In October 2017, scientists across the world were thrilled at the discovery of a brand new heavenly body hurtling through the night sky. Since named 'Oumuamua , this extraterrestrial object had travelled light years from its place of origin – it doesn’t even belong to our solar system. Almost a year later, researchers seem to have reached an agreement about what it could be and where it is from – well, just about.
To explore the origins (and journeys) of interstellar objects like 'Oumuamua, Indian research organization National Centre for Radio Astrophysics (NCRA) of the Tata Institute of Fundamental Research (TIFR), is collaborating with Tata Consultancy Services (TCS) and a consortium of global agencies to set up the world’s largest radio telescope, called the square kilometer array (SKA).
Spread Far and Wide
The telescope gets its name from the approximately one square kilometer collecting area it will boast of once fully operational. Featuring two sets of instruments – in Australia and South Africa – SKA will be run from the project headquarters in the UK. NCRA-TIFR lead an international consortium that is developing this telescope set’s central nervous system – the control systems that will power it.
Having designed the control systems architecture for the international thermonuclear experimental reactor (ITER), a TCS Research and Innovation (R&I) team partnered with NCRA-TIFR to create a control systems solution for SKA. This solution would need to minimize the lifecycle costs associated with the continual technological development, testing, and validation that will occur over the telescope’s working life (roughly, 50-odd years). Aiding the R&I group in implementing the solution design was a TCS Engineering and Industrial Services (EIS) team.
SKA is a highly complex instrument made up of thousands of receivers that capture and process signals in different observational modes, churning out petabytes of data. For large systems, it is still extremely challenging to achieve accuracy and consistency in capturing the interactions of every component. Plus, the ideal control systems solution would also need to be able to manage the receivers at both locations, even though they differed both in terms of hardware and control paradigms.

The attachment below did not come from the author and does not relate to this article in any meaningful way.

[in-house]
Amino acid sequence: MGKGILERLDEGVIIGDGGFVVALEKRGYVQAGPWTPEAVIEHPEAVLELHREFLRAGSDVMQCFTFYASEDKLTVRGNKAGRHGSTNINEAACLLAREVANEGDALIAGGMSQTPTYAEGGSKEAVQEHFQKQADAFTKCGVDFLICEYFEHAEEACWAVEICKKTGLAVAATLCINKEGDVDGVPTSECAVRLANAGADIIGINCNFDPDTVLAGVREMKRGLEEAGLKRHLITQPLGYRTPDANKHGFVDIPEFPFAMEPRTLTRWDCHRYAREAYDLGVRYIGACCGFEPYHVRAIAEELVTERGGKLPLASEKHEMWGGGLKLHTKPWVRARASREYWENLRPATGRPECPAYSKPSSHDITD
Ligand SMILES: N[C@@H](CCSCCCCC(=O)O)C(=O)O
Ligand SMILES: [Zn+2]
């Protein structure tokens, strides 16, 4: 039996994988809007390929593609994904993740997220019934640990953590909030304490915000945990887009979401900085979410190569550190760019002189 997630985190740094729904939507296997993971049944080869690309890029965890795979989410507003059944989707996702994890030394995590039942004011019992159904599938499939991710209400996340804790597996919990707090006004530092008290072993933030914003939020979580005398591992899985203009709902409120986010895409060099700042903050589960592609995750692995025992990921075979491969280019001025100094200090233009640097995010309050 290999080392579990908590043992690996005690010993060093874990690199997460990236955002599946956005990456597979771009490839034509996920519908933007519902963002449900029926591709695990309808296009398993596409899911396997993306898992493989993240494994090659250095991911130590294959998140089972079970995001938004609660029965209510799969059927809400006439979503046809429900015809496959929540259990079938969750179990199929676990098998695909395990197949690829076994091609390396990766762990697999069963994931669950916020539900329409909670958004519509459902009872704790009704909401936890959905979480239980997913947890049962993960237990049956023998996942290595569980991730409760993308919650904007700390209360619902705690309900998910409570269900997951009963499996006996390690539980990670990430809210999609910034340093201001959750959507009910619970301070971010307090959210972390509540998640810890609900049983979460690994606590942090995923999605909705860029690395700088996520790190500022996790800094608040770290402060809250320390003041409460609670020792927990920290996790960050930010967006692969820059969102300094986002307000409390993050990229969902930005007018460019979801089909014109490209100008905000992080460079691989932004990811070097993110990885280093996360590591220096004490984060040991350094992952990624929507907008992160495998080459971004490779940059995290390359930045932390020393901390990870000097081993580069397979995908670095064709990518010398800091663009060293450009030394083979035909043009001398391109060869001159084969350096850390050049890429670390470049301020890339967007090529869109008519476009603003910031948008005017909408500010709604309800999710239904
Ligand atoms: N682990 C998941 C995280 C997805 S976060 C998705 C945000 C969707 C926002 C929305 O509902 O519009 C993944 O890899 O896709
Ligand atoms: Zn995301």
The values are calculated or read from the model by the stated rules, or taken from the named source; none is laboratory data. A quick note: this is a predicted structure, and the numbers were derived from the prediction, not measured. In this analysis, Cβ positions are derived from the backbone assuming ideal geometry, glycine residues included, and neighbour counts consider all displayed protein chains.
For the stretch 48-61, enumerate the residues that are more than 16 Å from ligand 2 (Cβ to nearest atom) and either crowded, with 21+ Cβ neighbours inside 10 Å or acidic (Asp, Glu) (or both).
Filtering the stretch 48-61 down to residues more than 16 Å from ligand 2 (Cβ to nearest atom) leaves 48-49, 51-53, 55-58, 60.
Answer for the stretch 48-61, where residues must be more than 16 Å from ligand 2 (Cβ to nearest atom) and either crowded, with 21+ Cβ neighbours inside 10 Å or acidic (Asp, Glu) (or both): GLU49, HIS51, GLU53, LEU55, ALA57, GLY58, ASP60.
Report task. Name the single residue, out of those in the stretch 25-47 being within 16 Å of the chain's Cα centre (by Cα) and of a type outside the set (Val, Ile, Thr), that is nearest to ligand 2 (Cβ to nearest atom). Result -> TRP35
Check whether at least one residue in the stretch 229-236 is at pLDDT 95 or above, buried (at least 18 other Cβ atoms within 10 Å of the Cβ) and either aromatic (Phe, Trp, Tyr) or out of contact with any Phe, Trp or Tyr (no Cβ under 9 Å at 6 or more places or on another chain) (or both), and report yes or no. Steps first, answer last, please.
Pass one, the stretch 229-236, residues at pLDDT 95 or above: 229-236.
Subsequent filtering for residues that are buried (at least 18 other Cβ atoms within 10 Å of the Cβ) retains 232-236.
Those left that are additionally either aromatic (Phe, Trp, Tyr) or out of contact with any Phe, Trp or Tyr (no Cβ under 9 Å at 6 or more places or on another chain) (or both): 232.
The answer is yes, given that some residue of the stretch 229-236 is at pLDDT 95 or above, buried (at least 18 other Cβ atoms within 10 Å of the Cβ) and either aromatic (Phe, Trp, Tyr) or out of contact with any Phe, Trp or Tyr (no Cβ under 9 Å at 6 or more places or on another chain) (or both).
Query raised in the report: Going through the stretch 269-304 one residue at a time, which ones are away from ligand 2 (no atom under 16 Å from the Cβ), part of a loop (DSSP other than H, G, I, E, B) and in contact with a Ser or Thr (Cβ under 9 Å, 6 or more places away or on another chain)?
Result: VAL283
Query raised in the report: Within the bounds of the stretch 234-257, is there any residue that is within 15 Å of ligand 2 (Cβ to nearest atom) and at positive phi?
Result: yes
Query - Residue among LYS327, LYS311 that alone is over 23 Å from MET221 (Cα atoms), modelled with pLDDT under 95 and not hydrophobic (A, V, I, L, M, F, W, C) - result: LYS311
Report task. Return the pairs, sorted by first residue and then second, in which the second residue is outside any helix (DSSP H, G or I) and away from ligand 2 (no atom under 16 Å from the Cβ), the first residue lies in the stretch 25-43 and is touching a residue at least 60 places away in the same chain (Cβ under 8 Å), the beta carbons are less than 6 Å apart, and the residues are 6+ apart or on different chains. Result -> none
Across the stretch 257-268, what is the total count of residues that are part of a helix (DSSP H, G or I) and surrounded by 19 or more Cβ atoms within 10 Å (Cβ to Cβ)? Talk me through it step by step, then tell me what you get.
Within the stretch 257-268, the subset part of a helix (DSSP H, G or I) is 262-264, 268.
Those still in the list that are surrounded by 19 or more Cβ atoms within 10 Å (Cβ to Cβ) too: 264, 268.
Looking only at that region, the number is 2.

The R&I team addressed these challenges in a twofold manner. First, it developed a domain-specific language for specifying the control systems logic. Then, it designed a complete environment for engineering solutions that would significantly automate the entire lifecycle, including modelling, code generation, knowledge-driven simulation, and verification.
Automating the Control Systems Architecture
Manual development and evolution of control systems solutions results in low agility due to latency and the high effort cost involved to introduce improvements to the solution. In modern instruments, it is the control software that integrates subsystems to deliver overall instrument capabilities. What this means is that the instrument – in this case, the telescope – cannot take advantage of technological improvements until the control systems software itself has been rewritten and verified.
TCS addressed this challenge by enabling domain engineers to view and update the control systems logic using intuitive domain-specific languages. To ensure the accuracy of changes and instrument reliability, the development environment provides automated generation of simulation and test environments based on the updated systems model. This means that changes to the control systems can be implemented, verified, and deployed in an agile manner.
In addition to the management system that runs the telescope, TCS also defined a standard control interface between SKA and its subsystems, each of which is diverse in its functionality. This work has led to the adoption of a common project-wide control platform, standard design patterns, and a consistent control systems architecture by the telescope consortium. With this strong and stable central nervous system powering it, SKA will soon be gazing upon the skies.
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